Outside the exam room just before the doors open, the following examples of students’ sabotaging self-talk were heard: “I have to do really well on this exam or I’ll be so angry with myself. Not only that but my parents will kill me”. Or the other side of the coin: “Who cares? What’s the point, I’m going to fail anyway. I just can’t do math. I don’t even care”.
This barrage of unconscious but vicious, limiting language is an act of verbal self-harm and is likely a daily language patterns that is not just pulled out for exams only. Simple but deflating words paving the path to inevitable suffering. For even if they pass or ace the exam, the language of never being “good enough” is erosive and about as ineffective as their stubby, dull pencils. But ultimately much more harmful.
I’ve encountered a disturbing attitude from teachers and parents encapsulated in “Suck it up! I made it through high school okay so you should too” or the alternative where teachers and parents overlook the lack of preparedness because the student has reached a certain age when the adults decide that they will need to learn the hard way. Through soul-crushing failure? Really? How will the parched grain of their self-acceptance be watered with a concrete, line-in-the-sand, punitive attitude from the adults in their life? Without parents and teachers seizing teachable moments, how will they ever learn?
Choosing not to engage students in the abundance of teachable moments is doing them a monumental disservice. New brain research is showing new levels of underdevelopment of the adolescent brain until their early 20’s so when a teenager appears lazy, crazy and hazy, they might not actually be. There is no magic age when a student will automatically put all the pieces together and have it all figured out. There are no concrete developmental milestones for well-honed executive functioning skills and the proof of this is the sheer number of adults who still struggle with daily organization, self-management, initiating, performing and completing a task, efficiently and effectively.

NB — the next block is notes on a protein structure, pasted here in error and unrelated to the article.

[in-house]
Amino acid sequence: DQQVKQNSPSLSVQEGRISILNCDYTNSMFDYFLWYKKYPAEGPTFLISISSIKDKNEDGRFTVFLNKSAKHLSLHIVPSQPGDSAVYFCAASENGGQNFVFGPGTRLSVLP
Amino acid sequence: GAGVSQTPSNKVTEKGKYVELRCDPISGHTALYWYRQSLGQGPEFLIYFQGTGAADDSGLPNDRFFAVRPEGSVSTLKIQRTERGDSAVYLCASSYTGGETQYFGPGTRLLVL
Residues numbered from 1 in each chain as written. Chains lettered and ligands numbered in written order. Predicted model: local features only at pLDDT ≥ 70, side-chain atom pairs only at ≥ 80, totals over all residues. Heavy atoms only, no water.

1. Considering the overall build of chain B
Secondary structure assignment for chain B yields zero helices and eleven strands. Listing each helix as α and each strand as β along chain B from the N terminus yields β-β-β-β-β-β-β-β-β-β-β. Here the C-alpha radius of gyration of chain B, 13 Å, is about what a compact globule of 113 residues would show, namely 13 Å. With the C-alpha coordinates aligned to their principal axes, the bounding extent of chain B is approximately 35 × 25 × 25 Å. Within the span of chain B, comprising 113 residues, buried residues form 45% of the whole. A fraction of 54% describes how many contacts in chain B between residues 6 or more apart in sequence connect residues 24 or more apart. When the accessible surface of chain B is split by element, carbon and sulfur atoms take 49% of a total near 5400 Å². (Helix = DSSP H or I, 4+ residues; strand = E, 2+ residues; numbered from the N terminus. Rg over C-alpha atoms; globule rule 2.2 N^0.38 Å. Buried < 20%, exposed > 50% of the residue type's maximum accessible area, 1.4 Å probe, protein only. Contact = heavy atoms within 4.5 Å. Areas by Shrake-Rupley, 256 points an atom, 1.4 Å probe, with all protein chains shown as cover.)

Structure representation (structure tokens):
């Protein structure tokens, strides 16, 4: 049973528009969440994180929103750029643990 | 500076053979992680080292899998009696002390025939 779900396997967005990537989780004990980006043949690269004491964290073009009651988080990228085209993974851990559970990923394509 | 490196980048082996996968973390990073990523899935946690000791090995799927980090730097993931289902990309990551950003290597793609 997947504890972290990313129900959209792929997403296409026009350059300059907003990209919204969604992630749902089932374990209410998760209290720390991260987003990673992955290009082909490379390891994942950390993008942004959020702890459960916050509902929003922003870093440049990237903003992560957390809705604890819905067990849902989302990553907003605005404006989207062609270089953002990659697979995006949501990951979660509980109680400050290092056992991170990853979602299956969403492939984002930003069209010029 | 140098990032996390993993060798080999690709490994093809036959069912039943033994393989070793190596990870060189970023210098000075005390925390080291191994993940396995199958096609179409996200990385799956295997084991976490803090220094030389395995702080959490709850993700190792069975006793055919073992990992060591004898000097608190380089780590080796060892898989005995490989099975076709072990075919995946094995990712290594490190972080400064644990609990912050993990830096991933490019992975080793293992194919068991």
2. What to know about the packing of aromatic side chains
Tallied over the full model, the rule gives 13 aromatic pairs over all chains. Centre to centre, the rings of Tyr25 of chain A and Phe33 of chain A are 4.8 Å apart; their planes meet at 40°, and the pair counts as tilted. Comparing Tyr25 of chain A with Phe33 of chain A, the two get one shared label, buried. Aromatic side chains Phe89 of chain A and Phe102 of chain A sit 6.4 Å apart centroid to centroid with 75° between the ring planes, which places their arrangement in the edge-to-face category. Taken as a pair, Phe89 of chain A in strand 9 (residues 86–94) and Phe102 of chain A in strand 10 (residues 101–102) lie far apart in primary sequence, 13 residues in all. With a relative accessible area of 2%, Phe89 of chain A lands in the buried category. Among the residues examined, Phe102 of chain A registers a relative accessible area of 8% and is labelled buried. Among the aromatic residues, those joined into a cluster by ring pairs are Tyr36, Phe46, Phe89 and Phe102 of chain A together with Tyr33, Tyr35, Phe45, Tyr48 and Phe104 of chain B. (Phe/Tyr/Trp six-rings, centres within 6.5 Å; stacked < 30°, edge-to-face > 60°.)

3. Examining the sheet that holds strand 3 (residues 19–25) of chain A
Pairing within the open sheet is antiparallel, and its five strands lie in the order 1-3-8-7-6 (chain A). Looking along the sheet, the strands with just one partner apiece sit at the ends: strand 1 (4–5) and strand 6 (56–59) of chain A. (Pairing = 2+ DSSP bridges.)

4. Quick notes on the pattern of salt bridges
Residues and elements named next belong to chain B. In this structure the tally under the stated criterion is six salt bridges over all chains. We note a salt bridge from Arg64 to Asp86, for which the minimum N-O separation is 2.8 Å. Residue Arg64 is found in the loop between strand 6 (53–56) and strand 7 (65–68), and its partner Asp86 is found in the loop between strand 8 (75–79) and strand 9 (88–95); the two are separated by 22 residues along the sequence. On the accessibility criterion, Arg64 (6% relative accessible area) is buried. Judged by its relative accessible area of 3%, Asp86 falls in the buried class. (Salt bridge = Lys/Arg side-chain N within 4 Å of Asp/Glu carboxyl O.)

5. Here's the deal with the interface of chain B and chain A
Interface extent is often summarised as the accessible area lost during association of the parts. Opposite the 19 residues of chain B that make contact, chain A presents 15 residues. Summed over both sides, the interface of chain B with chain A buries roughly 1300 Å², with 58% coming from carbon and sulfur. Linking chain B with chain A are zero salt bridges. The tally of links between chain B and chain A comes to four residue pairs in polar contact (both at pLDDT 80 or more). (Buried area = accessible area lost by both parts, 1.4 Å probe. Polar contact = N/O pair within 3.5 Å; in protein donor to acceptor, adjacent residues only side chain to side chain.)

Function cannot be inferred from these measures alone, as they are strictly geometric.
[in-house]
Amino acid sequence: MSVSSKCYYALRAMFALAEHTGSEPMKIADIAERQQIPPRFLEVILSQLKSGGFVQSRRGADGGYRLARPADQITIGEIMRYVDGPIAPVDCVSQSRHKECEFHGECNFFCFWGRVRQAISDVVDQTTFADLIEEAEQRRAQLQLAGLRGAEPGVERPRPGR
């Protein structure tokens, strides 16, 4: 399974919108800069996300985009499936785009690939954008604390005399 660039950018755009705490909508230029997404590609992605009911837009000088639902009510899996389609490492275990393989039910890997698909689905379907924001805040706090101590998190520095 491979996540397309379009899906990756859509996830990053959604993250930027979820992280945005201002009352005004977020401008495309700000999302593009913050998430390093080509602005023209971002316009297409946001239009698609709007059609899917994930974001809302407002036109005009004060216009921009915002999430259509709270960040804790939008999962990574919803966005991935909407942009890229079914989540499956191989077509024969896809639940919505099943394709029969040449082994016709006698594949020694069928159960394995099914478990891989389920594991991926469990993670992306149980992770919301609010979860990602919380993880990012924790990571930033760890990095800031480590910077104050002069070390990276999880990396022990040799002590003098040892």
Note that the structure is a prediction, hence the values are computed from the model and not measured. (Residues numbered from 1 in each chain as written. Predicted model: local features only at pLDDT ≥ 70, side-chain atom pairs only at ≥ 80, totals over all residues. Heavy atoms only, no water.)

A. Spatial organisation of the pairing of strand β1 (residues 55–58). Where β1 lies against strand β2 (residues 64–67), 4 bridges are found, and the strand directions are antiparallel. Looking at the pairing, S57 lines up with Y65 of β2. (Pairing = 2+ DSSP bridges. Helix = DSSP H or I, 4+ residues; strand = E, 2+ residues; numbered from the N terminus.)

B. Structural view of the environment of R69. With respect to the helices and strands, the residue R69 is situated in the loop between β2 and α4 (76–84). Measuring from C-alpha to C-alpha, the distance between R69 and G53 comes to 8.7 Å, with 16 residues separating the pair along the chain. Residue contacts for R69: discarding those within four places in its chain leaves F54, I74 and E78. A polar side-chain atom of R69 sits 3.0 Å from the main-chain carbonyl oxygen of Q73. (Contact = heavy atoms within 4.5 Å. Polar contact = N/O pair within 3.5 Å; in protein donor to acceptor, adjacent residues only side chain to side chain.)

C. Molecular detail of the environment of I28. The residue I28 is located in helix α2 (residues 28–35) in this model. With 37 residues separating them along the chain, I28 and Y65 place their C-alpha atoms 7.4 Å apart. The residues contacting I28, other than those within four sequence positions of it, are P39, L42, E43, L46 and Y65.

Each nano-second in the life of a frustratingly unprepared adolescent is an opportunity to teach, or re-teach a life skill for the first or millionth time. As understandably tired parents and teachers, it is still our job. The most important job we will ever have.
No coddling or rescuing is necessary. Simple emotion-free questions about how prepared or unprepared they feel before an exam or test. Asking them what tools, concrete or abstract, would increase their confidence, decrease their stress and remove the limits to their success. Asking them to recall a time when they felt prepared and how it impacted the result. Plant seeds of critical thinking, asking the big questions, noticing the long term impact of their action or inaction. Oh, and modelling increasingly developed executive functioning skills is the sail that’ll make that boat float most consistently!
If a student’s level of unpreparedness begins to interfere with daily functioning then it is time to dig deeper into the available support systems able to help maximize the teachable moments. Explore their unique learning profile, consider a professional therapist to work on strengthening weary stress coping strategies, engage a subject-specific tutor and/or student success coach for on-going academic and learning strategy and study skills development.
Help is available so no student need ever arrive to the math exam of life without having multiple, exquisitely sharp pencils in hand.